With variance in national holidays, school-wide events and commencement programming, the college’s academic calendar changes on a yearly basis. The length of each semester has always remained consistent — 13 weeks in the fall and 14 weeks in the spring — but it could be changed in the near future. College Council recently proposed shortening the spring semester to 13 weeks, for reasons such as aligning the college on a similar calendar with other elite institutions and allowing for consistency within the structure of interterm.

The perpetual problems of loneliness and social division among Amherst students have been discussed extensively in recent years. As administrators seek new ways to resolve these critical issues, it seems that housing is the first aspect of Amherst life that they turn to. They’ve proposed Neighborhoods. They’re tearing down the social dorms. And now, they are overhauling the room draw process. Some of the changes are undoubtedly positive: We appreciate that Res Life has decided to streamline the process and minimize errors by moving room draw online.

The career center is always bustling with visitors, and our email inboxes are constantly flooded with career-related information. It’s common to catch a glimpse of students dressing in suits for interviews and attending informational sessions in between meals, practices and homework. It’s the height of internship and job-hunting season. In recent years the career center’s ample resources for business and health students have gotten even better, and students who wish to go into these fields have a robust array of mentoring opportunities and recruiting events to choose from.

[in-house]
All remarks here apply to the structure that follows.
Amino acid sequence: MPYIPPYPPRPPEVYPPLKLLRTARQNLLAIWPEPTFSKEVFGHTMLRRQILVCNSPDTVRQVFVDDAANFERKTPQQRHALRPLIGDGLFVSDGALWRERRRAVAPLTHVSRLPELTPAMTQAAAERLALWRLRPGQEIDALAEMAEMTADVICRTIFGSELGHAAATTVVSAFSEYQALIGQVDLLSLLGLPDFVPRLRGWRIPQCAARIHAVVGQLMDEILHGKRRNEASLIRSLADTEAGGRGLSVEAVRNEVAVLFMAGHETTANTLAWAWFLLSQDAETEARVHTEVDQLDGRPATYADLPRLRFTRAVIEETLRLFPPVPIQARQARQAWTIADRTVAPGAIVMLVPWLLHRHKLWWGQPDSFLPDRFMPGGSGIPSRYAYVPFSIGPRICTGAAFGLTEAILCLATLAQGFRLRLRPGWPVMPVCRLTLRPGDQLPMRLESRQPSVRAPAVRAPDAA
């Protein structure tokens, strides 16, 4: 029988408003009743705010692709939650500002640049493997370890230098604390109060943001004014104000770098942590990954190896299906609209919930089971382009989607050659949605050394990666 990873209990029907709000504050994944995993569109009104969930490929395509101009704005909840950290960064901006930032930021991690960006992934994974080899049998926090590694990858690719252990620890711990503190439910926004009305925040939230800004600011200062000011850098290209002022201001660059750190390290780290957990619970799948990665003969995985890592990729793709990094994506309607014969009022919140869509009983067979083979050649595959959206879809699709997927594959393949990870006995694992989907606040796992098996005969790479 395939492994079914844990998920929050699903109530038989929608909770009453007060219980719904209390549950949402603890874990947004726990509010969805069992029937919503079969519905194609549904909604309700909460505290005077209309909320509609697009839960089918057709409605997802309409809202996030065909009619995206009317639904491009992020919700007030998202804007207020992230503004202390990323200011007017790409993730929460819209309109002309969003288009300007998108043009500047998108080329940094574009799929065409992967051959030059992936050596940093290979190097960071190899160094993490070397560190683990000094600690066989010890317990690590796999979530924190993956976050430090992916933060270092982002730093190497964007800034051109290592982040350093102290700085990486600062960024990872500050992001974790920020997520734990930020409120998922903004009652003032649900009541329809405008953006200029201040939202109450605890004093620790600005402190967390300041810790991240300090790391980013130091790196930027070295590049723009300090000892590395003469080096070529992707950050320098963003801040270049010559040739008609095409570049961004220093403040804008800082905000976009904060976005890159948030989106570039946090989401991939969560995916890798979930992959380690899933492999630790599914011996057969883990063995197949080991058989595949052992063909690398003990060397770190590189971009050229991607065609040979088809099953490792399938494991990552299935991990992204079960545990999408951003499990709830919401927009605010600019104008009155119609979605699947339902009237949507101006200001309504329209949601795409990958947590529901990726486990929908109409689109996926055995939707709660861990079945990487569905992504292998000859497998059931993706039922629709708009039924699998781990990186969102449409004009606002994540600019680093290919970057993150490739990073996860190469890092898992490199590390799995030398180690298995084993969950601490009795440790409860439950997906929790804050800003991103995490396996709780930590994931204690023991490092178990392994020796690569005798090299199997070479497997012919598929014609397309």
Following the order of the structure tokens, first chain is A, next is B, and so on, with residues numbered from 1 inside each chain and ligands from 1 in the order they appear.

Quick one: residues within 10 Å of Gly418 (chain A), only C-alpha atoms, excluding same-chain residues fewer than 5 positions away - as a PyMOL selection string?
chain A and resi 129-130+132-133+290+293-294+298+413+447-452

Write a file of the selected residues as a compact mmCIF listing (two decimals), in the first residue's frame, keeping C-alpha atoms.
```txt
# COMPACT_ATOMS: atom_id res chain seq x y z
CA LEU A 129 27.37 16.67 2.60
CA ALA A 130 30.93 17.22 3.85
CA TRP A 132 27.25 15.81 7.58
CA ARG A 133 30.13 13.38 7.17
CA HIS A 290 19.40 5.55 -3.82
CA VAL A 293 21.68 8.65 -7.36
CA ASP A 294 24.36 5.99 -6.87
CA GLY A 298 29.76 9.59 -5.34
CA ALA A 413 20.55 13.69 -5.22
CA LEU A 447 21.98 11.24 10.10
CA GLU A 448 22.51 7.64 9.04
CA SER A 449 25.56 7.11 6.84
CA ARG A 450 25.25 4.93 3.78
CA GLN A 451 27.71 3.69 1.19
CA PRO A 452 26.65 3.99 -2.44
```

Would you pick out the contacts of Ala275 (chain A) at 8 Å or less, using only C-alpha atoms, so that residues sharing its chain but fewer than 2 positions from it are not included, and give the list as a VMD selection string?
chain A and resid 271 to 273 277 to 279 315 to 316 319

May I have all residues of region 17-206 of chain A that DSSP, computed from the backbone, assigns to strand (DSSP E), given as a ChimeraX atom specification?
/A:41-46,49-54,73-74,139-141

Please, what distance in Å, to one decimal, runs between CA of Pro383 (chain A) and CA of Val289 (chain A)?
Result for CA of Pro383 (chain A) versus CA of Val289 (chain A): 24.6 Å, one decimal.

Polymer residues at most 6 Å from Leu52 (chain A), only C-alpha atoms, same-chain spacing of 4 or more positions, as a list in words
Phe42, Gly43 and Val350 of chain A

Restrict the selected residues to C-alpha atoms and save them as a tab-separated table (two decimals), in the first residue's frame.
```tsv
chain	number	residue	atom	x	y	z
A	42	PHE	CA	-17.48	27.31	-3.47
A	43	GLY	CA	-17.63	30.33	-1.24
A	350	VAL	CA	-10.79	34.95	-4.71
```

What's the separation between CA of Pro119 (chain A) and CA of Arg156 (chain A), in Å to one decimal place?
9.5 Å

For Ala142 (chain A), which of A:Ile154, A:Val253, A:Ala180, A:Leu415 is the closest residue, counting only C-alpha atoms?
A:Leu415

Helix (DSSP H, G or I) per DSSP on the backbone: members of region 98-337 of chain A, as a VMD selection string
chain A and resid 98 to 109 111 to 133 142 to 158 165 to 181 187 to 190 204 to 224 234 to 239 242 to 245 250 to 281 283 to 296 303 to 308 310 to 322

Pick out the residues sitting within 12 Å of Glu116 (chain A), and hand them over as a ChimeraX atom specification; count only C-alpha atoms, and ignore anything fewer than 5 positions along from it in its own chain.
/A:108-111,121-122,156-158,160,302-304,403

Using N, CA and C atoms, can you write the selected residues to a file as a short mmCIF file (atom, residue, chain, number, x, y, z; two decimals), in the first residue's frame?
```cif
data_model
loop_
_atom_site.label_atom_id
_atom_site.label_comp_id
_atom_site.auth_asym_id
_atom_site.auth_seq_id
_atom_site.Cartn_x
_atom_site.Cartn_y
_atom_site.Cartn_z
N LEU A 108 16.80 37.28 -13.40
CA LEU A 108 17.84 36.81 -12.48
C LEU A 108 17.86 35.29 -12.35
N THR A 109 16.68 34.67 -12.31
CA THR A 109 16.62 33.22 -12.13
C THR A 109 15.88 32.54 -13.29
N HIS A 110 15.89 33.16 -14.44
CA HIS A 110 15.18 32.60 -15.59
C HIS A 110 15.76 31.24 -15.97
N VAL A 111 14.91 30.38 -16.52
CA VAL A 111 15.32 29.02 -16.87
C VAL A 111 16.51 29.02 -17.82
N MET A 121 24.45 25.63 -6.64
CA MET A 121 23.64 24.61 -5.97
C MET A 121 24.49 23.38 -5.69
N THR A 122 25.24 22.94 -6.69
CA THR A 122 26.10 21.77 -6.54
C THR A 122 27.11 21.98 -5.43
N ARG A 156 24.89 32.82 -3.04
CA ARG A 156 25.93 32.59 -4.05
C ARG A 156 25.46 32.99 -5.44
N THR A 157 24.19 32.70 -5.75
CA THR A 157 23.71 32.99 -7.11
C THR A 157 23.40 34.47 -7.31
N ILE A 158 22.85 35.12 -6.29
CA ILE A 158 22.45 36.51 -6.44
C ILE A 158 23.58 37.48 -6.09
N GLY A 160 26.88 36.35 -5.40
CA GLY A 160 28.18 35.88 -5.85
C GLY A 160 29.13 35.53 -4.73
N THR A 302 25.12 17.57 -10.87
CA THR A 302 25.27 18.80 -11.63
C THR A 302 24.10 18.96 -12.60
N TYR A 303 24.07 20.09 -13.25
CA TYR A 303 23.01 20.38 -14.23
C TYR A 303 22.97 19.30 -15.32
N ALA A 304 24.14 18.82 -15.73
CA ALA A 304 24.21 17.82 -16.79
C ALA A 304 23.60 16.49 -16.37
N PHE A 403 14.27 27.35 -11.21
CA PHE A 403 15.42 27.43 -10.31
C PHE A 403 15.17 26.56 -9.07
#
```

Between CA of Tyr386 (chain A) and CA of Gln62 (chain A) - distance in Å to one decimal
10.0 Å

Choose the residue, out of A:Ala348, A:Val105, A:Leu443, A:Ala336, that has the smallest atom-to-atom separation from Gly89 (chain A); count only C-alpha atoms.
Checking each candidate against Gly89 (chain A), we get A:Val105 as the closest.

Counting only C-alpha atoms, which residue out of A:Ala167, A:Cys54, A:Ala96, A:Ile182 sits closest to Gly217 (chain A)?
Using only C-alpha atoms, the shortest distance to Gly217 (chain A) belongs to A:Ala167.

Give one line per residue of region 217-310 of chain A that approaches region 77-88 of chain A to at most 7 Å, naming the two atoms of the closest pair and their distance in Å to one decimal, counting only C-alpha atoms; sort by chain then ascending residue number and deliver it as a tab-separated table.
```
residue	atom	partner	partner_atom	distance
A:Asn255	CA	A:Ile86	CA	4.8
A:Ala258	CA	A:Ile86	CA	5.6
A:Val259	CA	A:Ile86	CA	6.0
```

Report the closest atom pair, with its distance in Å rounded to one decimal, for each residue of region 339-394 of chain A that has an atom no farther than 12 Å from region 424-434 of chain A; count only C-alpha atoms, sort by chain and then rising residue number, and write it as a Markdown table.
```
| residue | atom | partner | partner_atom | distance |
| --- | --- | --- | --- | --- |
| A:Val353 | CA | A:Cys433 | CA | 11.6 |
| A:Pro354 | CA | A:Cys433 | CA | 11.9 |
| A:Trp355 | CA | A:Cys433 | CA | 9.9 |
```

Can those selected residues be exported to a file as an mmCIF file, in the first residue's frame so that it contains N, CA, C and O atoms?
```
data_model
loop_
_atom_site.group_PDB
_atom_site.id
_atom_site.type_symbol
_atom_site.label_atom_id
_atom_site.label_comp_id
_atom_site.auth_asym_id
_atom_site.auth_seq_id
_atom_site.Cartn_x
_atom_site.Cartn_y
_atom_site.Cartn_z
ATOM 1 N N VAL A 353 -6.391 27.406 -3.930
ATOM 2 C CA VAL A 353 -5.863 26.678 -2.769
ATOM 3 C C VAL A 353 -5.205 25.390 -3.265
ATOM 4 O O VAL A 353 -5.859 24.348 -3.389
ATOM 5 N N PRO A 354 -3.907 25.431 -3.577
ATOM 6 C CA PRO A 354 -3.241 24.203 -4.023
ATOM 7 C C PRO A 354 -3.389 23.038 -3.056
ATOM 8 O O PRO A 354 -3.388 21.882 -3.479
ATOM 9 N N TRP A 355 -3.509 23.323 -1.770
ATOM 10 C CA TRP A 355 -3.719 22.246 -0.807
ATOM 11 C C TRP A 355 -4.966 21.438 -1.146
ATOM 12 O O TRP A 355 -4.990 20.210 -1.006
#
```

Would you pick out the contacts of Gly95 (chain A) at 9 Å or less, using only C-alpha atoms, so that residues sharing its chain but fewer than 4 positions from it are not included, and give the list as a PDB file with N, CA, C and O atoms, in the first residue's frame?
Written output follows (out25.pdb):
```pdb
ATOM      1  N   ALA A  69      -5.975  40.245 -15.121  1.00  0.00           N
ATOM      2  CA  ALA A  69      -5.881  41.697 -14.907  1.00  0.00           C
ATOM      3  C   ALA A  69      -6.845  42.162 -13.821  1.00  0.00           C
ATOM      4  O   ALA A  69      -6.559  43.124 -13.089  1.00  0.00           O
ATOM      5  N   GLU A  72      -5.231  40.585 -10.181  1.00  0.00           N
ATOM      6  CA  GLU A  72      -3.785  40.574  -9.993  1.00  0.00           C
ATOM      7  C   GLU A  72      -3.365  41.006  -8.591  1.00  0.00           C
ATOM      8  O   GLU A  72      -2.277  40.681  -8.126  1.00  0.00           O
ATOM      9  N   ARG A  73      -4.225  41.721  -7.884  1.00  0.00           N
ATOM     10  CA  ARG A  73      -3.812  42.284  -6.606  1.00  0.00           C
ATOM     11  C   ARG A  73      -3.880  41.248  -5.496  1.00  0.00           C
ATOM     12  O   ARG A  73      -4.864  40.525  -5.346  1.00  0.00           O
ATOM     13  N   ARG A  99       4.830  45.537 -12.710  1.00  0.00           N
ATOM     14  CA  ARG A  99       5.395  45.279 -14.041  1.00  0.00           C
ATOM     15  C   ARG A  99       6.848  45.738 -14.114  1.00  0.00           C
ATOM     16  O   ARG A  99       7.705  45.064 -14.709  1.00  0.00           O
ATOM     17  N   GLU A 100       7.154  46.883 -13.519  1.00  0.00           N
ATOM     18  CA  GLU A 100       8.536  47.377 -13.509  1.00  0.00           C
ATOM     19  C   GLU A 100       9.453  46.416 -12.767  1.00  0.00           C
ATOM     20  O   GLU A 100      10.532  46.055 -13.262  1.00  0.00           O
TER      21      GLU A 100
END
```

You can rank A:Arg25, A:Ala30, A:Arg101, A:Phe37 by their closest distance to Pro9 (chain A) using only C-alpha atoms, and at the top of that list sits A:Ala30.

Fear is not generally a part of Amherst students’ philosophy of education. We often hear that we’re supposed t o feel uncomfortable with our education — that’s how we know we’re learning.

We come to Amherst because we want push ourselves beyond our own self-created intellectual boundaries. Why, then, are Amherst students so afraid to challenge themselves in the classroom?

Here’s something hard to argue with: political discussions are a net good. Through debates, people voice their opinions against dissenters, gain new perspectives and even strengthen and clarify their own positions. Especially on a liberal arts college campus like Amherst, where we are taught to challenge our personal convictions and conceptions of the world, debating the most pressing issues of fiscal and social politics is key.

After years of debate, the issue of Amherst’s unofficial mascot, the Lord Jeff, has finally come before the board of trustees. At its meeting this January, the board of trustees will finally discuss the question of whether Lord Jeffery Amherst should represent this college as our mascot. The Amherst Student urges the board of trustees to publicly condemn the Lord Jeff as an outdated symbol of colonial imperialism and violence that in no way represents our college or our values as a community.

Back from Thanksgiving break, seniors have returned to campus for the tail end of their fall semester. As a graduating class gets ready to approach the “real world,” it is typical for its members to put aside class work and extracurricular activities in favor of bar nights and finding a job. Unfortunately, it can be easy to forget about the community they’ve called home for their most formative years.